Cuckoos have multiple adaptation to achieve their nefarious objective, from laying quickly to mimicking the appearance of hawks but their mimicry of their hosts eggs is spellbinding. Females of the common cuckoo typically lay eggs in the nest of only one host species, and so their eggs need to look like the other in the nest or they risk being thrown out of the nest. It appears that cuckoos fall into different ‘races’ and each one specialises in a single host. However, scientists are still unsure exactly how this system works.
One of the prevailing ideas about how cuckoo races work in that egg mimicry is passed down almost exclusively along the female line. This line of thought posits that males can mate indiscriminately and this won’t impact on the ability of females to mimic the eggs of their host species. This is theoretically possible because of the way sex is determined in birds. Unlike mammals, where males are the heterogametic sex (XY), in birds it is the female who possesses two different sex chromosomes (ZW) while males are homogametic (WW). If genes that specify egg patterning are on the Z chromosome then it doesn’t matter who the father is because the female offspring will still inherit the ability to deceive a specific host species.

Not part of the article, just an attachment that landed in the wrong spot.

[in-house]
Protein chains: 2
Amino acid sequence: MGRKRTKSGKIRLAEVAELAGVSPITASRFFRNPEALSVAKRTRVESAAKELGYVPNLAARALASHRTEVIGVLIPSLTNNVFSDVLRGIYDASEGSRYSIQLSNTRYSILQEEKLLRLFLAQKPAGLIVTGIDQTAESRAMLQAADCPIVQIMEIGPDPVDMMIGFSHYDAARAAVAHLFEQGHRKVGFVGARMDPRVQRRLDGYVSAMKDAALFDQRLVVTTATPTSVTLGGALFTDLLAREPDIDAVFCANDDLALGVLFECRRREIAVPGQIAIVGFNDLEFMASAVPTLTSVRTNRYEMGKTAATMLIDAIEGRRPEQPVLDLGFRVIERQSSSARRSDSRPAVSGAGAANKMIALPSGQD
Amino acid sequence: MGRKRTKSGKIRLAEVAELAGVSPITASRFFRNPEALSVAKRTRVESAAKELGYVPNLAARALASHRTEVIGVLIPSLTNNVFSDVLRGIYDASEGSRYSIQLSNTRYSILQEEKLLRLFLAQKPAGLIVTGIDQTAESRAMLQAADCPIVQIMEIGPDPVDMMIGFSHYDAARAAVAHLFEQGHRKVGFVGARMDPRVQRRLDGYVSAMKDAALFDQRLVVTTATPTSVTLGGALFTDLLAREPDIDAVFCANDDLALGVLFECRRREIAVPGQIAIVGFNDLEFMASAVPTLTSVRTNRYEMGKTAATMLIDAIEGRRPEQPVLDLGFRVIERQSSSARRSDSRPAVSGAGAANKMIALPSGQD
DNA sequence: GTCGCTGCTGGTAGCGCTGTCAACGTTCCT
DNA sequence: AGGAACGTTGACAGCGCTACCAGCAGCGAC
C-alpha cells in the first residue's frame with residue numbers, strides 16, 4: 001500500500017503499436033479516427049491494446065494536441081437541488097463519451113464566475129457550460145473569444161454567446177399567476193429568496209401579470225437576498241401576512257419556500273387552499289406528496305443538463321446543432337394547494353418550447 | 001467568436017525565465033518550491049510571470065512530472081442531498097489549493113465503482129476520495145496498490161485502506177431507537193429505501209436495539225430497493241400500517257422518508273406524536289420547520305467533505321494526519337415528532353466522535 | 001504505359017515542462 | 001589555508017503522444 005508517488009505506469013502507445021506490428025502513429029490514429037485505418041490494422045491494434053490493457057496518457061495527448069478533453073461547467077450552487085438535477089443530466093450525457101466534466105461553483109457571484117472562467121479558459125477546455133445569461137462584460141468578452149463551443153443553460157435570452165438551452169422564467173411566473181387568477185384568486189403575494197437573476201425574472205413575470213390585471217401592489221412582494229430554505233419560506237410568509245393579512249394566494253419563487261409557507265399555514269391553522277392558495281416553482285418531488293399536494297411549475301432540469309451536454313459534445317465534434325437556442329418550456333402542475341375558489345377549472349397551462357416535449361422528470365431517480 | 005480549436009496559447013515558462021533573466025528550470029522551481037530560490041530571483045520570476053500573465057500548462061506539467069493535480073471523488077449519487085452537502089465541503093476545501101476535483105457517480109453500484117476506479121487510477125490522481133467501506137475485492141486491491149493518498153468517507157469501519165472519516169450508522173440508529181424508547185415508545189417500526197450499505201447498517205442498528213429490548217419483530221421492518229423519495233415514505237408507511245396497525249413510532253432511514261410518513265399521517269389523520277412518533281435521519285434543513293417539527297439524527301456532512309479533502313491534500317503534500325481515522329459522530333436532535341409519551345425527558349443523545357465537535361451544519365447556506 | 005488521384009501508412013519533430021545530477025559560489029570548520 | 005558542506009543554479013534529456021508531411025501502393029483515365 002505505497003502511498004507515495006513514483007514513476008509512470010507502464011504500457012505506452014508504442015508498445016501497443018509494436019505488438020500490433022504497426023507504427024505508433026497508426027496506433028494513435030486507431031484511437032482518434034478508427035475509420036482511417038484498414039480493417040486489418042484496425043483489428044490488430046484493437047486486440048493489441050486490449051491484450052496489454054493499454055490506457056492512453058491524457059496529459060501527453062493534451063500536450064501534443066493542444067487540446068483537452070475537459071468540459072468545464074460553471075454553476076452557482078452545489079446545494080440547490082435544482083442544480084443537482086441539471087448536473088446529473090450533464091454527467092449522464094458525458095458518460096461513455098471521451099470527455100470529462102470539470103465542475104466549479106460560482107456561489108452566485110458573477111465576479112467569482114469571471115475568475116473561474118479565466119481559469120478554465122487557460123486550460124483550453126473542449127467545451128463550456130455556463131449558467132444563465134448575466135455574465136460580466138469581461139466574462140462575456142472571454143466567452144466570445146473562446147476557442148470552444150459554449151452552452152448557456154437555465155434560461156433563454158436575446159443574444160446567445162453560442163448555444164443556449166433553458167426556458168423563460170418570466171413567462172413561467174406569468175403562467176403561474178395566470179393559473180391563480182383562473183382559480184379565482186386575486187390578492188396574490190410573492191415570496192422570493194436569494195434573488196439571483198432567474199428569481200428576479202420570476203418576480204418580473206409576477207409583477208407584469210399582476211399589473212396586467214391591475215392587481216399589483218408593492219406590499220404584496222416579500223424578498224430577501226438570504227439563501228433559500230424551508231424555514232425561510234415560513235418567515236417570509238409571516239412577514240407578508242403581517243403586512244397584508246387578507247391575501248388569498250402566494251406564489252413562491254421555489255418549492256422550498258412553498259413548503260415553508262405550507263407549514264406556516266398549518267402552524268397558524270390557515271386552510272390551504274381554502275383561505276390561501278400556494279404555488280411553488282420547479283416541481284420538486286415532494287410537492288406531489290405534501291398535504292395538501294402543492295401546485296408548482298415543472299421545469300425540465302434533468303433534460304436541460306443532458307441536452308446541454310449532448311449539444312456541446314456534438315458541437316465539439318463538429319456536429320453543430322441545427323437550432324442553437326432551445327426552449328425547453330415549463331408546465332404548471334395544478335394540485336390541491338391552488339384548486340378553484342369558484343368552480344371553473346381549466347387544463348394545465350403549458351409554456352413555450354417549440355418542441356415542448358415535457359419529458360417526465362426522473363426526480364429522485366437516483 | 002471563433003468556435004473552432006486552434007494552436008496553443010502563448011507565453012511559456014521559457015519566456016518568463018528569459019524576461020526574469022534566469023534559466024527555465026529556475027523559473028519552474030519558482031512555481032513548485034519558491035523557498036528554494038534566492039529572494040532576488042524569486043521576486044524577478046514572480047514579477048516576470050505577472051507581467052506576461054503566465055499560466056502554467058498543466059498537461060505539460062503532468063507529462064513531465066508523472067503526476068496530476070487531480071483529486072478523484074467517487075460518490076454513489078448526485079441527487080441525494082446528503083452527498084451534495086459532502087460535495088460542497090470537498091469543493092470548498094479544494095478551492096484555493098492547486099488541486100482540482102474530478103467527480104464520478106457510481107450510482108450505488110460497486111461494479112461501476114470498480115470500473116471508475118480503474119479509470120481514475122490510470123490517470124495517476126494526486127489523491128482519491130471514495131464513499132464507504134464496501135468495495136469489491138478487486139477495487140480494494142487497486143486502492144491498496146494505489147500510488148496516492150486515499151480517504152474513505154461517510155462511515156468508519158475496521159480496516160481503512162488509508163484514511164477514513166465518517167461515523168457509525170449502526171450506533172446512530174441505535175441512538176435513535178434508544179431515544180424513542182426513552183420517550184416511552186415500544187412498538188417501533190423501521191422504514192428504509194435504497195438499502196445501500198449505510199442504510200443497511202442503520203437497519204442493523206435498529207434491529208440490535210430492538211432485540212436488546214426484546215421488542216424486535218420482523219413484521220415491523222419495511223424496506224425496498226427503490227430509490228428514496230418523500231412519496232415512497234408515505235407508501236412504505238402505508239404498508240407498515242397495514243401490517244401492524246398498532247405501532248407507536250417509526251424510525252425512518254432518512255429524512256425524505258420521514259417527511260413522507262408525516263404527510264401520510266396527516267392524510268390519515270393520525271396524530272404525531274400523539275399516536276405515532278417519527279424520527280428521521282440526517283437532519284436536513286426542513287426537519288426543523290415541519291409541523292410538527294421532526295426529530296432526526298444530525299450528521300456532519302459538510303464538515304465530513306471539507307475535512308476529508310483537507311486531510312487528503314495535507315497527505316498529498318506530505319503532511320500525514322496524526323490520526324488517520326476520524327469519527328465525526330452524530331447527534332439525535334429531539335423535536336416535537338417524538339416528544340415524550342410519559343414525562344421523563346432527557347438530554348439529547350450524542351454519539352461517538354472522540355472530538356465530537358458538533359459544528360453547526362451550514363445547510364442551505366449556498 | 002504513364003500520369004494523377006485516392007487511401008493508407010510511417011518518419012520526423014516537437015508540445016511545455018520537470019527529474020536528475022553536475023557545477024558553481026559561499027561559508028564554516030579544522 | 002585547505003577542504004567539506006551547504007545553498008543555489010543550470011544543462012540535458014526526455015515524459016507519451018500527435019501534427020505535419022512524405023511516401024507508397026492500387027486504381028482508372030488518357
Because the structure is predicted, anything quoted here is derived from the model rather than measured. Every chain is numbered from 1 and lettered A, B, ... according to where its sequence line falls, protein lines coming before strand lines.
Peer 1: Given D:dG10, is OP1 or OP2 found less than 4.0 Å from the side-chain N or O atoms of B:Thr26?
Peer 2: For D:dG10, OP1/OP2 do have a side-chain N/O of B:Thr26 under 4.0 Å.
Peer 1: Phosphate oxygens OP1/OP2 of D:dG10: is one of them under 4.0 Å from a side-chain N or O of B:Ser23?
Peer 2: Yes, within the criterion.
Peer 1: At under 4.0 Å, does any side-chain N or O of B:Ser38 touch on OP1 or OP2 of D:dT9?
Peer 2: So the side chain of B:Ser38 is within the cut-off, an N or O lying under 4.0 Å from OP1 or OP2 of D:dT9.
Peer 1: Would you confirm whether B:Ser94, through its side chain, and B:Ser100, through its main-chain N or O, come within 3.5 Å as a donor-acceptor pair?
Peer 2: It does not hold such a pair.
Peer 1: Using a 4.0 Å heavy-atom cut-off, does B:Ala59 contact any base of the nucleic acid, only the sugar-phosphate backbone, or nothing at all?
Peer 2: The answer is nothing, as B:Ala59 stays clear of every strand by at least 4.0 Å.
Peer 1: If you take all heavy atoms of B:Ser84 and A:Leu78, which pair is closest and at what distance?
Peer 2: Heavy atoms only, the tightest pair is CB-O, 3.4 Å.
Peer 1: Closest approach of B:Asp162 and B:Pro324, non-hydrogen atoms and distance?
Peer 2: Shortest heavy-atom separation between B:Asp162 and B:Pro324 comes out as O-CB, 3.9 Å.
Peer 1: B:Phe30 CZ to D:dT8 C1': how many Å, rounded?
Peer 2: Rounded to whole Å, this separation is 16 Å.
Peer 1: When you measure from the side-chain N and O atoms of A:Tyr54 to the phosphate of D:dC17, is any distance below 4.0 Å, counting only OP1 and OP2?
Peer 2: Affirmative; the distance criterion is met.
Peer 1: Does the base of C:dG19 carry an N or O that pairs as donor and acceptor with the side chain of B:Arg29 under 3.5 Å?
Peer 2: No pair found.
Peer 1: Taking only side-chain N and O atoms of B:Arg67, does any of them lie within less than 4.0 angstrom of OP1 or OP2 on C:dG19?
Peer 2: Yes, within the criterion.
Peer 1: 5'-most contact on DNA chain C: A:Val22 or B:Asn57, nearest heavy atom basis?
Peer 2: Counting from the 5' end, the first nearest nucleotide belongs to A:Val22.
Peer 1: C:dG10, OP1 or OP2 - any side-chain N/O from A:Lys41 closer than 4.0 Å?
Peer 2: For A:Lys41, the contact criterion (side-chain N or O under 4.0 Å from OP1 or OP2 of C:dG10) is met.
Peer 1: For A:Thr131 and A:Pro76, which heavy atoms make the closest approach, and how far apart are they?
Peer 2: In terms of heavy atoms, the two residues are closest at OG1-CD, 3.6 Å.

However, male genes may still play a role in all of this. An alternative idea of how brood parasites maintain their host specificity comes from work carried out on the indigobird, which parasitizes the red-billed firefinch (Payne et al. 2000). In some cool aviary experiments, indigobirds wwere fostered by different host species and then the female offspring were given the choice of which species’ nest to lay in when they matured. Females chose the species that brought them up, so host species that brought them up, so host species is likely to be learned, but interestingly they also chose to mate with males who had been raised by the same host species. The reason for their choice is that males learn their song from their host species, and females exposed to that same song in the nest develop a preference for it. Now this is unlikely to be a direct analogue for how the races of common cuckoo are maintained but it has been shown that males in different habitats, where some host species are more common, have different songs but it remains to be seen if this is just an ecological adaptation or a true signal for female mate choice.
Currently we still don’t know exactly how it works, which is great because it mean that there is still a great reason to wonder around places like Wicken Fen and study these amazing birds!